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Amazon Price: $29.99 $20.63 You save: $9.36 (31%). (as of September 21, 2017 19:22 – Details). Product prices and availability are accurate as of the date/time indicated and are subject to change. Any price and availability information displayed on the Amazon site at the time of purchase will apply to the purchase of this product.

Learn to hack your own system to protect against malicious attacks from outside

Is hacking something left up to the bad guys? Certainly not! Hacking For Dummies, 5th Edition is a fully updated resource that guides you in hacking your system to better protect your network against malicious attacks. This revised text helps you recognize any vulnerabilities that are lurking in your system, allowing you to fix them before someone else finds them. Penetration testing, vulnerability assessments, security best practices, and other aspects of ethical hacking are covered in this book, including Windows 10 hacks, Linux hacks, web application hacks, database hacks, VoIP hacks, and mobile computing hacks. Additionally, you have access to free testing tools and an appendix detailing valuable tools and resources.
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Countdown to Zero Day: Stuxnet and the Launch of the World’s First Digital Weapon

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Amazon Price: $16.00 $12.65 You save: $3.35 (21%). (as of September 21, 2017 22:31 – Details). Product prices and availability are accurate as of the date/time indicated and are subject to change. Any price and availability information displayed on the Amazon site at the time of purchase will apply to the purchase of this product.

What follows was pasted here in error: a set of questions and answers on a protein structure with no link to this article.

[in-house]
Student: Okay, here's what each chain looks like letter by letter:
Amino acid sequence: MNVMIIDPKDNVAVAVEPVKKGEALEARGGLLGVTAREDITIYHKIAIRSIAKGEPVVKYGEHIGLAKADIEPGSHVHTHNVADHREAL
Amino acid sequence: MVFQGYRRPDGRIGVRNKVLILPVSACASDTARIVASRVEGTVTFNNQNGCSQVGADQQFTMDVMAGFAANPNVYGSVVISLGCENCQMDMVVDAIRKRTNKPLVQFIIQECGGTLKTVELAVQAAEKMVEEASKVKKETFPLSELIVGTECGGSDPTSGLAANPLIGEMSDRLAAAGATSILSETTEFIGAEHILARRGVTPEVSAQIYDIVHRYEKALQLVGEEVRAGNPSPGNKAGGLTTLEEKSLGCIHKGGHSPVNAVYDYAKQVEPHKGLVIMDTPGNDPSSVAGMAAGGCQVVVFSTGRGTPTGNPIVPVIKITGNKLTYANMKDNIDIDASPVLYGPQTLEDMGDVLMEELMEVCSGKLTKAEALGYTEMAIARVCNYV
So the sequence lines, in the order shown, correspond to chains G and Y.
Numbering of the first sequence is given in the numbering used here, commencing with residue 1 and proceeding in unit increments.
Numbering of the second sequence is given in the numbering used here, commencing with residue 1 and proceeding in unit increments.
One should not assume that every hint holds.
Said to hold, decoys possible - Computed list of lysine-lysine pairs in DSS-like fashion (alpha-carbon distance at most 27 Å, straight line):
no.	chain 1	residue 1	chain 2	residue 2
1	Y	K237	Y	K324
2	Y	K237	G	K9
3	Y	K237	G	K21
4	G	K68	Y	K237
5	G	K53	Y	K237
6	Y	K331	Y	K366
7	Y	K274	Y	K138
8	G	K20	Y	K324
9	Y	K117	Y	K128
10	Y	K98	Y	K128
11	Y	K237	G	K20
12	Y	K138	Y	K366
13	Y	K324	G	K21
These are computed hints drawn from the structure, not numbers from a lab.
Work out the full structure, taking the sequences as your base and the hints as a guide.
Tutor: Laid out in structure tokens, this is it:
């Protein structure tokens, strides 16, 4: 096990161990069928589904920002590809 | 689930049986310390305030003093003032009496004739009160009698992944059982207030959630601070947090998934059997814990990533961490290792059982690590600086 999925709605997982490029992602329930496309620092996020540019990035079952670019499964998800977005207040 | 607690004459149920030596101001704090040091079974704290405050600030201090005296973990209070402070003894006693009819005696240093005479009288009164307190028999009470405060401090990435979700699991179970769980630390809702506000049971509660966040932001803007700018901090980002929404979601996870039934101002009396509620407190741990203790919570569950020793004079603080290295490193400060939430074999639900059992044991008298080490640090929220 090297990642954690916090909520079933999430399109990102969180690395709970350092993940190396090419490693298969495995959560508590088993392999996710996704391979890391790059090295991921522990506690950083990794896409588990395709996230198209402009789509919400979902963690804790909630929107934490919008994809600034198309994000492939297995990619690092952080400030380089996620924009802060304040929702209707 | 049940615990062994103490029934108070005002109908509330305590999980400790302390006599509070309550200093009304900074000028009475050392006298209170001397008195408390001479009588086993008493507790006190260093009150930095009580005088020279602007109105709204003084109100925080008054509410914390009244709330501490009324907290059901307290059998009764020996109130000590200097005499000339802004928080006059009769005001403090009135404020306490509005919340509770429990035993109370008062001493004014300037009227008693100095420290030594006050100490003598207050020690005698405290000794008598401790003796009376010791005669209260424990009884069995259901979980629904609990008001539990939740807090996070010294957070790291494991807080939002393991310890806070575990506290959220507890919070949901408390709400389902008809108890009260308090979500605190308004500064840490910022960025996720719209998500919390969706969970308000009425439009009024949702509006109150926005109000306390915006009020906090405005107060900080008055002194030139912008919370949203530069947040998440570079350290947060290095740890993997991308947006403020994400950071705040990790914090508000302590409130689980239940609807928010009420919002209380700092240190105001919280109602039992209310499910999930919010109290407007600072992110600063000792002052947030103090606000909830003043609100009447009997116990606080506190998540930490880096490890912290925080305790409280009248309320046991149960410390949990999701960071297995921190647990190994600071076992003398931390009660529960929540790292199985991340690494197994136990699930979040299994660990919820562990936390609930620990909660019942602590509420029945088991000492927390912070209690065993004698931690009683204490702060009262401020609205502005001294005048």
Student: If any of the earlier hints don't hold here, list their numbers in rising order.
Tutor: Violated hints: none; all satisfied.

Top cybersecurity journalist Kim Zetter tells the story behind the virus that sabotaged Iran’s nuclear efforts and shows how its existence has ushered in a new age of warfare—one in which a digital attack can have the same destructive capability as a megaton bomb.

In January 2010, inspectors with the International Atomic Energy Agency noticed that centrifuges at an Iranian uranium enrichment plant were failing at an unprecedented rate. The cause was a complete mystery—apparently as much to the technicians replacing the centrifuges as to the inspectors observing them.